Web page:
Just five years ago, Pixar seemed like they could do no wrong with their films. Apart from the polarizing Cars, every Pixar film seemed to be a modern classic: an incredible mix of comedy, drama, action and emotion.
Recently, however, things haven’t been looking so bright for the studio. After a string of lowest rated films (Cars 2, Brave, and Monsters University), and no film release in 2014, fans may be finding it hard to be faithful.
Pixar came back with a bang this summer with Inside Out, a critically-acclaimed, heart-wrenching story about growing up and the value of having sadness in our lives. Just four months later, with expectations set high, the studio has released another film, The Good Dinosaur.
The Good Dinosaur opens by introducing its promising premise: What if the meteor that caused the extinction of the dinosaurs didn’t hit? In the film, the meteor whizzes by as a shooting star in the night sky and the dinosaurs go on about their existence.
Flash forward millions of years, and viewers meet a family of agricultural brontosauruses, including the film’s protagonist, Arlo.
Arlo is the runt of the family. He cannot complete than the smallest family tasks, and is often terrified by things like small bugs and the family’s chickens.
This fear and lack of accomplishment causes Arlo’s father to give him an important task in which he can prove himself: capturing and killing a creature that has been eating the family’s corn supply.
The creature turns out to be a small human, the equivalent of a wild dog in the context the film. Things go south during the capture and the two end up falling into a river. The main plot of the film begins as Arlo and the human, who he names Spot, try to find their way home.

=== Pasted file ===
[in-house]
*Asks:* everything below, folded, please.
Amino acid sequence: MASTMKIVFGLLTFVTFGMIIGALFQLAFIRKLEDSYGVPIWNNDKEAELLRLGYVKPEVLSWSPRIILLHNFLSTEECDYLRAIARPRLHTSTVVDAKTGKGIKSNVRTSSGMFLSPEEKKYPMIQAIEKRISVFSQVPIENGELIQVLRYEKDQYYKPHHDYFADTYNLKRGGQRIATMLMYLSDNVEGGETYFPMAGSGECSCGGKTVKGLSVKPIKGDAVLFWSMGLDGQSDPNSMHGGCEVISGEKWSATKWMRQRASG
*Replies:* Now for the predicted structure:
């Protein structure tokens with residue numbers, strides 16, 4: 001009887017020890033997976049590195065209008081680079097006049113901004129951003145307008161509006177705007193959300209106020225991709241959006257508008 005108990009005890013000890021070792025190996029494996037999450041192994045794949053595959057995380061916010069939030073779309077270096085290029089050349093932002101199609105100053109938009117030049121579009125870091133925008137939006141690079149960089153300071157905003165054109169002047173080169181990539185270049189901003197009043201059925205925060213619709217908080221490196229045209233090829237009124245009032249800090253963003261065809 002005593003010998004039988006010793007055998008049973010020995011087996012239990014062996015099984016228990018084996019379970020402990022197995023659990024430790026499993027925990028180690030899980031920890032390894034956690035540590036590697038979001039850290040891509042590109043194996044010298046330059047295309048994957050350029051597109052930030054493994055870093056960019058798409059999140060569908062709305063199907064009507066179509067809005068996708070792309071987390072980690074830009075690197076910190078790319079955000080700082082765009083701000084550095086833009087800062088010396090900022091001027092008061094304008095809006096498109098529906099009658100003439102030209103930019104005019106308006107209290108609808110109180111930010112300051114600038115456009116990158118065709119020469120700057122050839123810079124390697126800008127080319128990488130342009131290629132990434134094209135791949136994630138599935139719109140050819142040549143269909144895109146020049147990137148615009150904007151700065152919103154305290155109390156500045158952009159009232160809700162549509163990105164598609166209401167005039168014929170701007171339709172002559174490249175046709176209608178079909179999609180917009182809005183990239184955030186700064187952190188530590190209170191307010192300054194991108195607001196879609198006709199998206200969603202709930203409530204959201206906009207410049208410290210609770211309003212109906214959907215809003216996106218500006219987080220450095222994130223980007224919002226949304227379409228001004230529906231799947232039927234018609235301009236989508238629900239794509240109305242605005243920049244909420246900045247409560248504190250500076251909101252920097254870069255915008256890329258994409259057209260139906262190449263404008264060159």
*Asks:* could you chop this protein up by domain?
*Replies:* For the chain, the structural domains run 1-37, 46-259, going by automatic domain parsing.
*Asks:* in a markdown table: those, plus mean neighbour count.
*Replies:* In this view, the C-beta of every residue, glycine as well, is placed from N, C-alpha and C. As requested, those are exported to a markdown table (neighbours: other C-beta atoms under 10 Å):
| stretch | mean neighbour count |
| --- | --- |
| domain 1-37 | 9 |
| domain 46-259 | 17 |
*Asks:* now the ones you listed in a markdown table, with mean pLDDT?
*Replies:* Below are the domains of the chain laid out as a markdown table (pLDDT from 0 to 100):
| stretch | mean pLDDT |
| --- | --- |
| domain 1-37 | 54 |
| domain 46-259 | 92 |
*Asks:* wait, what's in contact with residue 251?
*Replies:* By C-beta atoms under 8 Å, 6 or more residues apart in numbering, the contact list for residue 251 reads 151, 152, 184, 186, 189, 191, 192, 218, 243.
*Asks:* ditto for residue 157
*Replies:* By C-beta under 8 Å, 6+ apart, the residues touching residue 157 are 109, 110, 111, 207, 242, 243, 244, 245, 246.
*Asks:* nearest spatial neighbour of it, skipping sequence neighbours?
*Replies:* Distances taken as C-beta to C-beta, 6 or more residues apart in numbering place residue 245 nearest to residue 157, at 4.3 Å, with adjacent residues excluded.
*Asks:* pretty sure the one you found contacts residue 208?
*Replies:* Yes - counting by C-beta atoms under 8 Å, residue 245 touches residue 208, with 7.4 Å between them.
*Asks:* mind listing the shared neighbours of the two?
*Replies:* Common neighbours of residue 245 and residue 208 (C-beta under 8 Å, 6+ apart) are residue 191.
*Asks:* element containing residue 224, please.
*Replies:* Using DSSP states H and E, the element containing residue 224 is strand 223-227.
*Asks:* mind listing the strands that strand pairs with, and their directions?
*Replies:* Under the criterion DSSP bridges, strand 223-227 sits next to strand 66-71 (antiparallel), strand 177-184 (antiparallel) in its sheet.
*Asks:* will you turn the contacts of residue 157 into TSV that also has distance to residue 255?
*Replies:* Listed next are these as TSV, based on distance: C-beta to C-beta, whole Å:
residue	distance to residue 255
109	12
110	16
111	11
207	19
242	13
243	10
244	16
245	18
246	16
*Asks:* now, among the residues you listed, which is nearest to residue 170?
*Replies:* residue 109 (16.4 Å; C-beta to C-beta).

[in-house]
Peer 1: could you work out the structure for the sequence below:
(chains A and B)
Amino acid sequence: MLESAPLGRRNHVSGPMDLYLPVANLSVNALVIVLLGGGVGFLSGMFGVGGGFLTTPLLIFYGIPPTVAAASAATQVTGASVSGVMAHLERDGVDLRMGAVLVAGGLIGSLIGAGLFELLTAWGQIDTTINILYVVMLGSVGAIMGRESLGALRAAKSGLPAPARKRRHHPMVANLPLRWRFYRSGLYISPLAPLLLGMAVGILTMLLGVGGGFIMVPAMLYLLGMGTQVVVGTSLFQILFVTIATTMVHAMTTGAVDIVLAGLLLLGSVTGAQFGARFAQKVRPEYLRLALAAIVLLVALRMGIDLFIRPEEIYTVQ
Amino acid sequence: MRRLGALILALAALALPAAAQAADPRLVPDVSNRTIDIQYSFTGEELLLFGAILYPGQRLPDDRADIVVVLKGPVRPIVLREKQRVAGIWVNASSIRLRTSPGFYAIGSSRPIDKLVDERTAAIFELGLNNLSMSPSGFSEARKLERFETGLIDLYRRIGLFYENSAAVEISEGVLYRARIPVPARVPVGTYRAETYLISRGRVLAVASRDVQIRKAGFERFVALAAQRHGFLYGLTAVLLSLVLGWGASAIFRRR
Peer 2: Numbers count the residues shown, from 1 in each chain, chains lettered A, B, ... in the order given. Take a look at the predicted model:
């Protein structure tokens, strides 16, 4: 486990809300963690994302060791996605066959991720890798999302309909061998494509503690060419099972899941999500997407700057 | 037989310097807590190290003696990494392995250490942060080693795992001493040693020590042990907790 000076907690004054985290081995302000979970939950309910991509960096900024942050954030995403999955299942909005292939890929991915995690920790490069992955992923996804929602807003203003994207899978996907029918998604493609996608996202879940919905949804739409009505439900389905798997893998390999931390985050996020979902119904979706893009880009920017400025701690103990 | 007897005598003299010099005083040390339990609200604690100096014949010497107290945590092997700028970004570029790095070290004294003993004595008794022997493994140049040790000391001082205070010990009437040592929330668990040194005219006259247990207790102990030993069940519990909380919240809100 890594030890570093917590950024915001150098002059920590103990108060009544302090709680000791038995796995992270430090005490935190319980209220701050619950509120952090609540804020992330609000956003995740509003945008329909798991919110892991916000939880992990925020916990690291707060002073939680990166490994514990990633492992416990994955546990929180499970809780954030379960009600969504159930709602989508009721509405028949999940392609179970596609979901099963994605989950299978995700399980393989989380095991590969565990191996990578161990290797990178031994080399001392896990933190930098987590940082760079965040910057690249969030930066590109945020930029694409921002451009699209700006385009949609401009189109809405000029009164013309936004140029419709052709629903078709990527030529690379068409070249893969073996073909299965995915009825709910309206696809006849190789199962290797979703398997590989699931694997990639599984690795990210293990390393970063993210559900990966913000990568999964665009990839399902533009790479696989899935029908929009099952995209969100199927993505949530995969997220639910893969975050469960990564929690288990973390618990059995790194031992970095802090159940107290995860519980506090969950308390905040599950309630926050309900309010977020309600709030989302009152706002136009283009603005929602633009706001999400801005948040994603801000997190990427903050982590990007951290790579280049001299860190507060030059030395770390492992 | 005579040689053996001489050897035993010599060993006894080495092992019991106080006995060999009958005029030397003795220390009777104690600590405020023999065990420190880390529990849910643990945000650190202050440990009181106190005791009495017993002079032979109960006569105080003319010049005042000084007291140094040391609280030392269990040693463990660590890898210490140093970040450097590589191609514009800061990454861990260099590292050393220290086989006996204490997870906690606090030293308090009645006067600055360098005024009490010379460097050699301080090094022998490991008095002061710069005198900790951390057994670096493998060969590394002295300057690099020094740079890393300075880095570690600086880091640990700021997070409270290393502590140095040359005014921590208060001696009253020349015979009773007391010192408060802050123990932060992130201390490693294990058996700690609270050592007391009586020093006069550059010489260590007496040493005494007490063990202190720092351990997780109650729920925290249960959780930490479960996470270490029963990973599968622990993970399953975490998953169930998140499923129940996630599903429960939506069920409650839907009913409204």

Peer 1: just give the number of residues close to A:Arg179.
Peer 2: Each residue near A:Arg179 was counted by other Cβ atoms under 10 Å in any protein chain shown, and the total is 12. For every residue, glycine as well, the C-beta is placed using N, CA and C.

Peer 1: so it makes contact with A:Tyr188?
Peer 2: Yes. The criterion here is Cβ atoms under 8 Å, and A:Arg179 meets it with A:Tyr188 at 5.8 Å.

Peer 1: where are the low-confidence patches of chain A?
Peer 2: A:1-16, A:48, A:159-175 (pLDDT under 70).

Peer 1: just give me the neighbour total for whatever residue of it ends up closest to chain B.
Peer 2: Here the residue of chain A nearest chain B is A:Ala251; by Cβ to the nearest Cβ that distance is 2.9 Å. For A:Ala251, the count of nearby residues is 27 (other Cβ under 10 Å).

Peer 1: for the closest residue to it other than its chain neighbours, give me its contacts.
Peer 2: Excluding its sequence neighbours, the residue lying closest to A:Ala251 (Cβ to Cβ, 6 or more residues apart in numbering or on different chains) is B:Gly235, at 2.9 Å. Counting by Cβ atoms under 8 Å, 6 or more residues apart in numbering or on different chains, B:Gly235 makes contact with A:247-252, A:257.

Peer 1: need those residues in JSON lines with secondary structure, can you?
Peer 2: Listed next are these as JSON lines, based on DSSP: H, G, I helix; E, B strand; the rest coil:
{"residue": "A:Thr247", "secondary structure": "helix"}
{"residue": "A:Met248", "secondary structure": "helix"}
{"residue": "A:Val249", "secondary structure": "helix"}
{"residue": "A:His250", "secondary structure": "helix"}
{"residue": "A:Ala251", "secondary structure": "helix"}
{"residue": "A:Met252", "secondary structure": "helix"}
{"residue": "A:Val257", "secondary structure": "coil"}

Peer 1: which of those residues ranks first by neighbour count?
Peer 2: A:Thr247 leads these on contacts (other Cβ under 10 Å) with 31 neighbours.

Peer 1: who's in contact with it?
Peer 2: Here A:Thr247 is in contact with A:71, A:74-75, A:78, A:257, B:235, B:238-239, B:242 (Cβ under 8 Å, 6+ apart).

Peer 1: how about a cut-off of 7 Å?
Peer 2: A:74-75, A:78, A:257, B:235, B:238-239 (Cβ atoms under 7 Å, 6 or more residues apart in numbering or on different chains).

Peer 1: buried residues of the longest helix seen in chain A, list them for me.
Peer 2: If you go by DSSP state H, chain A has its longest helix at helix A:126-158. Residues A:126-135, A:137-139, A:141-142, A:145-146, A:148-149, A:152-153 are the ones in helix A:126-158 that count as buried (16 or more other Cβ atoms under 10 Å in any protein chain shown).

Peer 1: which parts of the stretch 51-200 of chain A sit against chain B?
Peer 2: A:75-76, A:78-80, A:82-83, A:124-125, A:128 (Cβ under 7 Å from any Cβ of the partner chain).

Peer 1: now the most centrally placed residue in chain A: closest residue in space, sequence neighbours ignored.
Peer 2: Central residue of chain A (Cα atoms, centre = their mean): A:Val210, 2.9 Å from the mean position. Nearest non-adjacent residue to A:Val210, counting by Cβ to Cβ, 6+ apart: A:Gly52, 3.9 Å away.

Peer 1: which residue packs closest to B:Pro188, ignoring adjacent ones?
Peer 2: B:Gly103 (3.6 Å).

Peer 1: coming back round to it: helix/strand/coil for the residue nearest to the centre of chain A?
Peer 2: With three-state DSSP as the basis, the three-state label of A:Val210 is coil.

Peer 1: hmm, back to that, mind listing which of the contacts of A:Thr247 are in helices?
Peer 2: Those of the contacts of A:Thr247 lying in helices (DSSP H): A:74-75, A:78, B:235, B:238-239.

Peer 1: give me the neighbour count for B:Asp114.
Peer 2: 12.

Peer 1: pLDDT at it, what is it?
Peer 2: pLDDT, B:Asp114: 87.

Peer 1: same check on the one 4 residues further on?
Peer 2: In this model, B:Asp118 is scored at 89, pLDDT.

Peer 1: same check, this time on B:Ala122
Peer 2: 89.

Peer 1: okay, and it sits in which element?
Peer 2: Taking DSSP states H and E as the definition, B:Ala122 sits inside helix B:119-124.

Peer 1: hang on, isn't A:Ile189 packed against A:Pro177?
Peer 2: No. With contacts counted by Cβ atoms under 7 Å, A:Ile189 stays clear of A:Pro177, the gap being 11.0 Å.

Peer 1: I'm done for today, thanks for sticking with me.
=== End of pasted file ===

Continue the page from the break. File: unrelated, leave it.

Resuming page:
One of the biggest problems with The Good Dinosaur is that it takes too long to reach the point where the story starts going somewhere. A lot of time is spent on the farm in the first act of the film, and it isn’t until 20 minutes into the film that Spot is even introduced.
For a 100-minute film, having about a quarter of it being setup starts the pace at a snail’s crawl and makes it feel like it was stretched out for time.
It isn’t until the two get washed down the river that the film shows its greatest strengths: the film’s incredible scenery and the relationship between Arlo and Spot.
The journey home takes the two through mountains, valleys, forests, rivers and fields, all of which are beautifully animated. With no cities in sight, shots of the horizon have trees as far as the eye can see. These views are often accompanied by a beautiful sunset or a night sky with too many stars to count. Visually, the film is one of Pixar’s strongest in terms of graphical prowess.
The journey also gives the writers the freedom to explore the relationship between the two main characters, which becomes the film’s strongest point. The two start off as adversaries, but slowly learn to depend on one another as they reach their common goal. This relationship is effectively used in everything from problem solving in the wilderness to very emotional scenes about what it means to be family.
Unfortunately, the excellent writing for Spot and Arlo is not universal, as every other character in the film feels boring and underdeveloped. Characters come and go throughout the journey, but all of them, including the film’s villain, seem to exist only as plot devices.
The film may have been better if it had introduced the characters naturally and developed character growth, instead of forcing static characters into situations.
Unfortunately for Pixar fans, The Good Dinosaur is not one of the studio’s best. Most of what happens in the film outside of Spot and Arlo’s relationship falls flat, leaving a film that weighs itself down with poor pacing decisions and too many unnecessary characters.